requires (manual or otherwise:  remember, nutrient additives are
usually "acceptable" intervention in a system that may truly be 
considered "steady-state").  For example, the definition of 
"steady-state" for the commercial system may be an enormously 
high bio-load that they can maintain with daily algae cleaning 
and enormous water changes, while "steady-state" for the home 
aquarist may imply algae scraping once a month.

In all of this, I imply that the "steady state" we achieve
is the "desired steady-state".  We could have a system that
maintains an algae bloom indefinately, but we typically 
interrupt the system's factors to force a deviation to 
an alternative (more desirable) "steady state".  The process
to get there, of course, is "state-change".

Of course, we don't always want a "steady state".  The simple
introduction of a new species or re-definition of the
vegetative plant scape implies state deviation;  however,
the happiest (and most knowledgeable) aquarist will oscillate 
between any number of "desired dynamic states" without spending
significant system time in an "undesired dynamic state".
As before, all system states are determined as "desirable"
or "undesirable" through the observer's eyes (but usually is
entirely dependant on wanted and unwanted species).
(I want my crypts system or my cabomba system, but I 
don't want algae in any of them.  I may change my plants
from time-to-time, but I don't want to lower my fish load.)  
In these cases, many aquarists are REALLY moving among desired 
states, never into undesired states, and might still call 
their aquarium "in balance".

> Is balance to you a yes/no proposition (i.e., either there is balance,
> or there isn't)?  If so, how do we determine from a set of conditions
> (light, CO2, nutrients) whether we have balance or not?

Personal preference.  :-)  How much work do you have to do to
get what you have?  I can make a good argument for the following:

  if( work_and_inputs_required < benefits_achieved )
    /* We think we have balance. */
    /* We don't think we have balance. */

> Or, are there different degrees of balance? if there are degrees of
> balance, how can we compare one set of conditions (light, CO2,
> nutrients) with another and say which of the two is better? 

You hit the crux of the issue:  You CANNOT EVER compare those 
sets of conditions for "balance" and determine which is "better".
Even if you could get an answer (which I doubt), it would be 
different for the next person.  I would have hard time stating 
a 20 foot deep reef aquarium is "in balance" when we must use 
submersible MH lighting to keep the reef alive.  That sounds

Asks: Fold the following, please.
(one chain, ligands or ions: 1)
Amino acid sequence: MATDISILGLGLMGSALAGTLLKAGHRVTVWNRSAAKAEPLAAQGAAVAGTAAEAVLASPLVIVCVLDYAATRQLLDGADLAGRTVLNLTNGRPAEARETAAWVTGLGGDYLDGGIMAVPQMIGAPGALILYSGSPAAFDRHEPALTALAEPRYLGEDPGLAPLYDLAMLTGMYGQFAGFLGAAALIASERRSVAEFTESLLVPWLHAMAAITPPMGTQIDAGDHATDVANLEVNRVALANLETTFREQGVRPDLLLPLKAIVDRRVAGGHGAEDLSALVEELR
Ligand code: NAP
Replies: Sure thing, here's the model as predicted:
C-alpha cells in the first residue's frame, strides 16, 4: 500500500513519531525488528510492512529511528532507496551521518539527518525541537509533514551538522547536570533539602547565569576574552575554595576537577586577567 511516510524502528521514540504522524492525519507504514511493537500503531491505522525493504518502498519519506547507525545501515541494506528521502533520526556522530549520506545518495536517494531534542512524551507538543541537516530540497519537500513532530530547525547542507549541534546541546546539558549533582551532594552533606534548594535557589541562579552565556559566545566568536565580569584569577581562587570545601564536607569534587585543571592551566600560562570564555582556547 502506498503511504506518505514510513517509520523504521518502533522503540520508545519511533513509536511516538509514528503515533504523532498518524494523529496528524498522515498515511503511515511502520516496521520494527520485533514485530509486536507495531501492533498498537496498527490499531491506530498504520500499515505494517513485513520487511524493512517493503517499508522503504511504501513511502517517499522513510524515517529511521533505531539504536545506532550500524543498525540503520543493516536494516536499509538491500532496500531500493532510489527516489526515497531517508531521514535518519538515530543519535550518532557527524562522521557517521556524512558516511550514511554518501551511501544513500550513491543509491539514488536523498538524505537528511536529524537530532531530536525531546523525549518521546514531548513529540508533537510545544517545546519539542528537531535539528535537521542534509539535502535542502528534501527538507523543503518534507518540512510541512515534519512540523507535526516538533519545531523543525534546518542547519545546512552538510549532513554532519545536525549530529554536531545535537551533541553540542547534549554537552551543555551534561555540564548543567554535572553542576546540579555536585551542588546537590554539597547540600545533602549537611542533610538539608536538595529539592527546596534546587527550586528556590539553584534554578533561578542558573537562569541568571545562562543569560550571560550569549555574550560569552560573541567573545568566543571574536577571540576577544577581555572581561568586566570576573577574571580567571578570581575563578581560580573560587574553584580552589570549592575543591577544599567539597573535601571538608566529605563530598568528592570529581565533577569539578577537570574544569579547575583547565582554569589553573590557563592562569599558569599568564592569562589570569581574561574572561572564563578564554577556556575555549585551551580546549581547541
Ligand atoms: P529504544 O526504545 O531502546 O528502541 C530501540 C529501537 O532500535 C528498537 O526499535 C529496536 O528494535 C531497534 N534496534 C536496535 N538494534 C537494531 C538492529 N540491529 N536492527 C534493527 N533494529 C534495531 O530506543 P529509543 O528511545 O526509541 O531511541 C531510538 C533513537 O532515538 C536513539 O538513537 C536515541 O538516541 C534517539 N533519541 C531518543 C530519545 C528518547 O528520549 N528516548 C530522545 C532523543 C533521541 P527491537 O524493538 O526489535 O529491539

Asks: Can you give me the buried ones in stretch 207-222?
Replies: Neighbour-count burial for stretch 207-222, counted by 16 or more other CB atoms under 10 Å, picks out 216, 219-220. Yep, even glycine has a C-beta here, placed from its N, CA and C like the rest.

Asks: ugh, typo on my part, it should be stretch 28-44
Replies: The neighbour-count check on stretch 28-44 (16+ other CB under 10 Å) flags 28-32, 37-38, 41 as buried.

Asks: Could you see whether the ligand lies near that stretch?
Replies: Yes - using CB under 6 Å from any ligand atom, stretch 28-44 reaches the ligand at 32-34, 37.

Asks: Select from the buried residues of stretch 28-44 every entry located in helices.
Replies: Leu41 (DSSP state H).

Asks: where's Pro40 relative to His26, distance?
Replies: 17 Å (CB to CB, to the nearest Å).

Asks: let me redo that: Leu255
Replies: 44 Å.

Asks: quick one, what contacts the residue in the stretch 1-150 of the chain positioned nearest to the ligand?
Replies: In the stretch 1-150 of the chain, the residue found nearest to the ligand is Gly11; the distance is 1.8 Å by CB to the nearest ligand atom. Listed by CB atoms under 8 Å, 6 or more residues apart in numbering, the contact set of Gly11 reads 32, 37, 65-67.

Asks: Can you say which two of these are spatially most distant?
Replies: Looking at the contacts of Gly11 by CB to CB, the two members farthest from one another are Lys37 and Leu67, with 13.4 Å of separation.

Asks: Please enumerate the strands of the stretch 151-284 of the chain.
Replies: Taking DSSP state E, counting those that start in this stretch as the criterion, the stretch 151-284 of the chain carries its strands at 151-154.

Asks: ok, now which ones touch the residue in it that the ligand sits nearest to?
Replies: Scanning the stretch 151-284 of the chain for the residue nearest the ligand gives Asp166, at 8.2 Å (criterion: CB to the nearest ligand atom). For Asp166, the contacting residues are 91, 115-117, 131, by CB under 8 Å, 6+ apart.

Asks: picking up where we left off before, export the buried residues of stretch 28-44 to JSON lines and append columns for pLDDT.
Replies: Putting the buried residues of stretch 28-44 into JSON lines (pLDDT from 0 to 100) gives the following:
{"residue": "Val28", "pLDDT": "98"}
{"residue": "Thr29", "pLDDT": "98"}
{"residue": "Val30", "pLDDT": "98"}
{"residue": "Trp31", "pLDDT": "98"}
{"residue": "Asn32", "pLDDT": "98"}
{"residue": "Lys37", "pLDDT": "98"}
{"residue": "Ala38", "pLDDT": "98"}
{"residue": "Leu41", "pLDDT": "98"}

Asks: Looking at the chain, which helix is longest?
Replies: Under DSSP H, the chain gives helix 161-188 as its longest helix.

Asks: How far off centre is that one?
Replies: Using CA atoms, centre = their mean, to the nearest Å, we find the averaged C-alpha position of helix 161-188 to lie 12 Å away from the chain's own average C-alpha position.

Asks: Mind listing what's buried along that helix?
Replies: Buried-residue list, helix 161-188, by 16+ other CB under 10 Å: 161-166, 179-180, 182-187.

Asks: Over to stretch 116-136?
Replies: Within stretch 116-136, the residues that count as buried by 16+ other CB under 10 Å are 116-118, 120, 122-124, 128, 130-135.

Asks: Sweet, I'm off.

horribly un-natural and un-balanced to me, but may be perfectly 
acceptable input for the next person.

You have balance, or you don't.  You have steady-state, or you 
don't.  However, there are degrees (but degrees are only 
measurable from the steady-state point of view.)  You can be
measurably closer or farther to a steady state, simply because 
you can plot the rate of change in the system.  (Guess what?  
It's an asymptotic curve).

> How does "out of balance" as a function of light, CO2 and nutrients 
> translate to "problems"?

For "steady-state", this would translate into "state shifting"
("state change") in the aquarium.  If you are already unhappy with 
the current state, this could be good (or worse).  If you already 
have a desired steady state, this is almost always bad unless you
are actively directing movement to another desired steady state.

Like most mutations, random deviation from a working system 
ALMOST ALWAYS leads to a less-working (or non-functional) system.
Insert "desired" for "working" in the previous sentence and
read that again.  This can only be combatted with intelligent 
(directed) intervention or through the compensation of geologic 
time awarding "success" (through survival) on some systems and 
not others.  Unfortunately, most of us do not have geologic time 
on our side (and the wife certainly does not allow that kind of 
time).  Re-read this paragraph and find the other option.

> The above are hard questions with no perfect answers.  I'm hoping that
> a discussion of the issues involved will help us come up with some
> sort of guidelines about what combinations of light, CO2 and nutrients
> go well together, and why.  It would be even better if we could also
> explain what is likely to happen when we deviate from this optimum
> mix, and why.

Clearly, there is no "optimum mix".  I have a hard time with
"optimum" because that term has EXACTLY THE SAME PROBLEMS as

Cheer up, though:  You can address all (relevant) aquarium
problems directly and  measurably by looking to established 
practices among biological resource managers.  Not all research 
has been done and not all problems are solved, (I don't know 
the number of lumens over how much time allow crypts to 
metabolize 90% of a certain amount of nutrients in direct 
competition with algae) but many of these professionals are 
very good at defining and encouraging (and measuring) state 
shifts to desired directions.

A VERY NICE thing about aquaria is that we (essentially) really
do have an entire functioning system through which we can
effect desired change.  The magnitude of this power is amazing
in such a small box (because we don't need 40 acres of land).

The current state of natural resource management all over the
world is in turmoil, however, because there is an enormous
difference between viewing systems in a static manner (which 
they are not, which does not work well, and which cannot be 
measured) and viewing them with dynamic and changing states 
(which these systems have [more or less], which works better, 
and which is measurable).  Quite often this distinction is
evidenced between the general public (static perception) and
resource managers (trying for a dynamic perception).  

spends all Saturdays on the aquarium).

              "Must you be so linear, Jean-Luc?"
(said by Q to Captain Jean-Luc Picard in "Star Trek: The Next 

--charley                            Fort Collins, Colorado USA
charleyb at gr_hp.com	or	charley at agrostis_nrel.colostate.edu